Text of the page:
Despite CDC recommendations, one Michigan University is mandating masks to be worn inside. Wayne State University says the school has no practical way of differentiating vaccinated and unvaccinated people. WSU also says it will not require masks to be worn outside of campus buildings. “We need to operate in a manner that protects the safety of every member of our campus community. Therefore, masks will still be required indoors on Wayne State’s campus. Mask wearing outdoors, regardless of vaccination status, will no longer be required. We do ask that people continue to exercise caution and avoid large outdoor gatherings if the vaccination status of all participants is uncertain,” said Wayne State University President M. Roy Wilson. 
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Wayne State to require masks inside campus buildings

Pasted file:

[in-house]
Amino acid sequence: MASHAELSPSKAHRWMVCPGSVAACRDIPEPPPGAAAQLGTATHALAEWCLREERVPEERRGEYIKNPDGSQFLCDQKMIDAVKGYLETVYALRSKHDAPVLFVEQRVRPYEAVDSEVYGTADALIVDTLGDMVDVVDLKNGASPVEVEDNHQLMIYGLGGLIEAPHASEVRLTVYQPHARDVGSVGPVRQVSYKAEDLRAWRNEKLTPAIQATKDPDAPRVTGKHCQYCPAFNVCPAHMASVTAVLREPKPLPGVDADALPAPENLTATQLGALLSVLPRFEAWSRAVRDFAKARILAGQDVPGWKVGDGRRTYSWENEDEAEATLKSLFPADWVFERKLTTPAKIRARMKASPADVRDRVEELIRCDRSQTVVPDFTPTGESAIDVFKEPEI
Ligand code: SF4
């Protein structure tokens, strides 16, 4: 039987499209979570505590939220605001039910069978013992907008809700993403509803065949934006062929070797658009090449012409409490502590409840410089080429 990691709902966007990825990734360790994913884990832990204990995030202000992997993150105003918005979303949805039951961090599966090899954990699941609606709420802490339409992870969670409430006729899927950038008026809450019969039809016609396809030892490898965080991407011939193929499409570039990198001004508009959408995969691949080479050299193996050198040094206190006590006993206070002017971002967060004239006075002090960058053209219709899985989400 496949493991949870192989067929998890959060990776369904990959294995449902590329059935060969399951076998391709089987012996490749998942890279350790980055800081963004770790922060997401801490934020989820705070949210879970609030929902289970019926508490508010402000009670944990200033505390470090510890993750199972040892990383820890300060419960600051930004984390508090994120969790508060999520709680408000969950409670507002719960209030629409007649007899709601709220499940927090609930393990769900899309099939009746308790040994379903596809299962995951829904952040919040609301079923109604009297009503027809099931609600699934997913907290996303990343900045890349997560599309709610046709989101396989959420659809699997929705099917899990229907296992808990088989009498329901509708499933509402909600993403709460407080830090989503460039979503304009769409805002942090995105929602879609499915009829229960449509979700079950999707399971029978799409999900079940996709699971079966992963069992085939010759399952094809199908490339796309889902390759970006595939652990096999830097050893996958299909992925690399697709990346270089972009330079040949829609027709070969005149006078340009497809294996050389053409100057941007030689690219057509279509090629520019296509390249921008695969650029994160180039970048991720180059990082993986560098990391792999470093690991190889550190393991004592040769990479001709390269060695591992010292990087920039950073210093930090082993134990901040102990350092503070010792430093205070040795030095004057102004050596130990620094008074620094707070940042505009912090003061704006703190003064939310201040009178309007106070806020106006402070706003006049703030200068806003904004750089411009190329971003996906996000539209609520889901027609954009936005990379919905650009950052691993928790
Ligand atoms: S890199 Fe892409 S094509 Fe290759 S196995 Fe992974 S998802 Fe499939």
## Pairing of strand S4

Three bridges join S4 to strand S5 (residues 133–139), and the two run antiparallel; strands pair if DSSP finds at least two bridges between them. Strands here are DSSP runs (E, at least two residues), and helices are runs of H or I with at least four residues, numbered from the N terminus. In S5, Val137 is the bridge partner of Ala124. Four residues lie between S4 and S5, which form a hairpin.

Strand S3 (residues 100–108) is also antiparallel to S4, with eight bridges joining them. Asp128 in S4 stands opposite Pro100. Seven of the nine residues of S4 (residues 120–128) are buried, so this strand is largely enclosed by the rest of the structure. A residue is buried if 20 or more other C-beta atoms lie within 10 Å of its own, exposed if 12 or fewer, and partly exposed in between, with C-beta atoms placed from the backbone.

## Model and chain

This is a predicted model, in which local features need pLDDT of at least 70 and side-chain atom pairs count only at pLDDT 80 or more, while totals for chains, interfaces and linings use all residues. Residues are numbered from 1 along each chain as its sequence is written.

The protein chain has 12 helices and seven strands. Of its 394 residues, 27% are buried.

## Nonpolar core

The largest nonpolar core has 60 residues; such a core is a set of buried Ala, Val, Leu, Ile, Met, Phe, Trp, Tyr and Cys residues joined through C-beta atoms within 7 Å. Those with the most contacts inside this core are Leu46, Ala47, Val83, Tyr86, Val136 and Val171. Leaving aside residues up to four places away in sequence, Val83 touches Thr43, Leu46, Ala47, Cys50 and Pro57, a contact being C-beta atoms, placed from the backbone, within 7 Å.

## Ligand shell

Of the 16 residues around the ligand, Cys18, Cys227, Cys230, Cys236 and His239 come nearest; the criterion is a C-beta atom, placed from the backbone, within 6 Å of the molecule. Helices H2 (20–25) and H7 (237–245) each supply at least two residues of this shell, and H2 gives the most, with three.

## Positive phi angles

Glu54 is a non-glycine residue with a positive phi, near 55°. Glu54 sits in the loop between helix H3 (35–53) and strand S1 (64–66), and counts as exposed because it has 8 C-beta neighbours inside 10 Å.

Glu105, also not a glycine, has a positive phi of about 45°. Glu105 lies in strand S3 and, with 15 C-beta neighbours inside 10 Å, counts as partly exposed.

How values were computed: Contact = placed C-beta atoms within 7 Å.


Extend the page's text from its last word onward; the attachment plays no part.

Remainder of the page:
Wayne State University will require masks to be worn indoors in spite of recently-released guidelines from the federal government and state health department, President M. Roy Wilson announced Monday. Wilson wrote in a letter to the campus community that he supports the new guidelines from the Centers for Disease Control and Prevention, which announced last week that people who are fully vaccinated no longer need to wear a mask unless required by local laws or workplace requirements. Gov. Gretchen Whitmer's administration lifted mask mandates for fully vaccinated residents as of Saturday. "However, the practical limitation in the CDC guidelines is that we do not have the ability to differentiate those who have been vaccinated from those who have not," Wilson wrote. "This information is important, particularly if everyone is unmasked indoors. We need to operate in a manner that protects the safety of every member of our campus community. Therefore, masks will still be required indoors on Wayne State’s campus." Relaxing the CDC guidelines on mask-wearing for fully vaccinated residents is a hopeful, and pivotal moment in the COVID-19 pandemic, Wilson said. "The key to a fully open and healthy campus is the degree to which our campus community is vaccinated," Wilson said. "If you have not yet been vaccinated, I urge you to do so as soon as possible."  Wayne State's on-campus mandate also comes after the university offered a $10 incentive to students if they provide proof that they have been vaccinated by May 7. Of Wayne State's 27,000 enrolled students, 2,659 students participated, or about 10%. WSU spokesman Matt Lockwood said others likely have been vaccinated and did not take advantage of the incentive. Wilson will host a town hall meeting at 3 p.m. on Tuesday to discuss fall plans. He urged students to get the vaccine and said that the university Campus Health Center offers the Pfizer, Moderna and Johnson & Johnson vaccines. Said Wilson: "I look forward to seeing you all on campus soon – unmasked."